Comparison of Run 12 with Run 17 shows a comparison between: 1) a catalyst made using TOBP, a cyclic amido ligand type used as a promoter, by step-wise impregnation of promoter then enough vanadium to result in 1.2% vanadium in the final catalyst, and 2) a catalyst prepared by preforming a complex with an acyclic potentially binucleating ligand with imine groups instead of amido groups, then depositing the preformed complex onto a support to give a final loading of 0.26% vanadium. The TOBP catalyst shows better results; but it is noted that the latter catalyst shows remarkable results given the low loading of vanadium.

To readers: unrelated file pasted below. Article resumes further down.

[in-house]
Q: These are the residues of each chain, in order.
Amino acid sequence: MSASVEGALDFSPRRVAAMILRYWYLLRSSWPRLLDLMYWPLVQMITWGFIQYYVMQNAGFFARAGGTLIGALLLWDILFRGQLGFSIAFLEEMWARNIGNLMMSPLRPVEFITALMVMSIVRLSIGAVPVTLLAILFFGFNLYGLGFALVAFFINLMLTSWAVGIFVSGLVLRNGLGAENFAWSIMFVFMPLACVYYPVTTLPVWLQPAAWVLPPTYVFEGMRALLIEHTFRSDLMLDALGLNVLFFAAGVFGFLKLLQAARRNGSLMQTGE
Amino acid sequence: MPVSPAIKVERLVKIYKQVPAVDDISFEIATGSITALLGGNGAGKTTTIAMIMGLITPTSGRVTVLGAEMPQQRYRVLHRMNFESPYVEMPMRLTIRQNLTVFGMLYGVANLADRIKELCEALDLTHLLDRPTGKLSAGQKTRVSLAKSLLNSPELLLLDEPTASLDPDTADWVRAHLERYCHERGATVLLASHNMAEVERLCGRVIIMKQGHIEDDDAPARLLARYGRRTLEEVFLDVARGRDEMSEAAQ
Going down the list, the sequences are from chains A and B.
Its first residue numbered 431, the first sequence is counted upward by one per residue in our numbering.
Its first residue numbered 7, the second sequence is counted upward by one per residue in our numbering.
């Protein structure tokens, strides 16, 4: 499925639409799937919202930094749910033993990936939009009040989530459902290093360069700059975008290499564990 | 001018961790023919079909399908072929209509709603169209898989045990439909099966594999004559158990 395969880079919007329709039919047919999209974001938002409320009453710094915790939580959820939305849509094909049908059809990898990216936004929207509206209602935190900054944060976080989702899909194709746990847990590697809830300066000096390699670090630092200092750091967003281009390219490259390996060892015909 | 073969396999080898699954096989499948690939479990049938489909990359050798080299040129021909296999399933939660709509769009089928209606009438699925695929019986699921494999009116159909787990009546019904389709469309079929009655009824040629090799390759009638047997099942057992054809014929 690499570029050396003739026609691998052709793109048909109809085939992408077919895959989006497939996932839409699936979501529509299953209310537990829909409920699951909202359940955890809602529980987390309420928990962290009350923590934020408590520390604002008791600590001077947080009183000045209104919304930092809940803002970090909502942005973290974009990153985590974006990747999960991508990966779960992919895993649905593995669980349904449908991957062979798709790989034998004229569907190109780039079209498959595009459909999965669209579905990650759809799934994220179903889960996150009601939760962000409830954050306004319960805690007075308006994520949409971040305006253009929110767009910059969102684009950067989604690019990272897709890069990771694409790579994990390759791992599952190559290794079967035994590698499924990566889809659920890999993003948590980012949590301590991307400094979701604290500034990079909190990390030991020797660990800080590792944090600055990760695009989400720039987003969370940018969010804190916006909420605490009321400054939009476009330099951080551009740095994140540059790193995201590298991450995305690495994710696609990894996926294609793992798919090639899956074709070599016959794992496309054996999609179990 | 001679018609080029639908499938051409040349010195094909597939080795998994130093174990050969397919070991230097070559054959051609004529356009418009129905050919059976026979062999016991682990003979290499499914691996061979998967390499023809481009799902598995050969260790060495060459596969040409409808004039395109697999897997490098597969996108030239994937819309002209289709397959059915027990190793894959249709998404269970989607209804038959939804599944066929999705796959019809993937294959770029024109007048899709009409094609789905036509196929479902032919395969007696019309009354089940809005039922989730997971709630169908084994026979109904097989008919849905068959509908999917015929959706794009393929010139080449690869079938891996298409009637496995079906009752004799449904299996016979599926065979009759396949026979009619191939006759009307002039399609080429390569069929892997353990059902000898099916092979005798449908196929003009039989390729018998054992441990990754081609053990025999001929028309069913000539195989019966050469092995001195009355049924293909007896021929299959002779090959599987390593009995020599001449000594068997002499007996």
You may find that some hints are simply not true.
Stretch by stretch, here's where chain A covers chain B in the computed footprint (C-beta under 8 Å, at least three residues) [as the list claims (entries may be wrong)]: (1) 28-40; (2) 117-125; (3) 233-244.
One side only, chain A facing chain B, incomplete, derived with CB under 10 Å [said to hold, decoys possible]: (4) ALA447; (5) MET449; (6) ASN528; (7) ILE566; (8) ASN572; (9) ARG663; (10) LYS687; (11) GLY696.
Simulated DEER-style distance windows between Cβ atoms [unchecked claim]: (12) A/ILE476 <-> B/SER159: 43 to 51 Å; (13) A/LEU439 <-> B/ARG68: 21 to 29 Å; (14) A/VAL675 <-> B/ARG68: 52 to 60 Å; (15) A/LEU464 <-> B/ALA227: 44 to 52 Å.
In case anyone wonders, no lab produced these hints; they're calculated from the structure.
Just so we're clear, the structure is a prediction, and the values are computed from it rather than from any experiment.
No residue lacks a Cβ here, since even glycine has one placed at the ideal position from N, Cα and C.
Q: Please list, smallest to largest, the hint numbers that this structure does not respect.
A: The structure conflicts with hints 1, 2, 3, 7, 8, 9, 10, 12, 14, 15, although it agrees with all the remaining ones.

TABLE I__________________________________________________________________________Benzene Oxidation over Selected Catalysts in RM-CSTRaRun 11 12 13 14 15 16 17 18 19 20 21 22__________________________________________________________________________CATALYST V(IV)/ V(IV)/ V(IV)/ V(IV)/ V(IV)/ VOSO4 / VO(pro VO(C3 F7)4 VPO Cu(1)/ Cu(1)/ H4 PV TOBP/ TOBP/ TOBP/ TiO2 TiO2 TOBP/ pald)/ Ph2 P/TiO2 (2 types) TOBP/ TOBP/ Mo11 O40 / TiO2 TiO2 TiO2 b (no prom) Na-Y TS-1 TiO2 Na-Y Na-Y SiO2 ACTIVE V V V V V V V V V Cu Cu V, Mo METAL WT % 0.5 1.2 1.2 1.2 0.9 2 0.26 2.5 2-3 2-3 ACT MET T (° C.) 180 180 180 180 180 180 181 180 180-225 180 225 180 P (psig) 827 840 840 827 840 849 840 840 1,200 840 MOL % 1 1 0.4 LOW 0.2 0.4 0.5 0.2 ˜0 0.5 1 0.06 CONV OF BENZENE % C 41 87 43 79 12 77 41 TRACE 81 40 5 SELECT. TO PhOH % SEL TO 43 94 2% to 23 79 ArOH anilineb TRNOVRS 6 6 23/ 4.5 0.08 (VO) [64 tot'] STY-3 h 5.4 14.1 1.8 3.4 0.9 6.1 1.3 11.5 <1.5 STY-1 h 14.2__________________________________________________________________________ a Measurements afer 3 hours onstream in semibatch mode RMCSTR reactor; feed benzene saturated with water unless noted otherwise; T = 18 +/- 3°; P = 840 +/- 5 psig; 7% O2 (by vol) under reaction conditions. b NH3 added to feed in this run. c Restarted over severai days with fresh benzene added each day. d mmoles aromatic hydroxyls/mmoles (VO)2 ; does not count CO2, biphenyl, etc.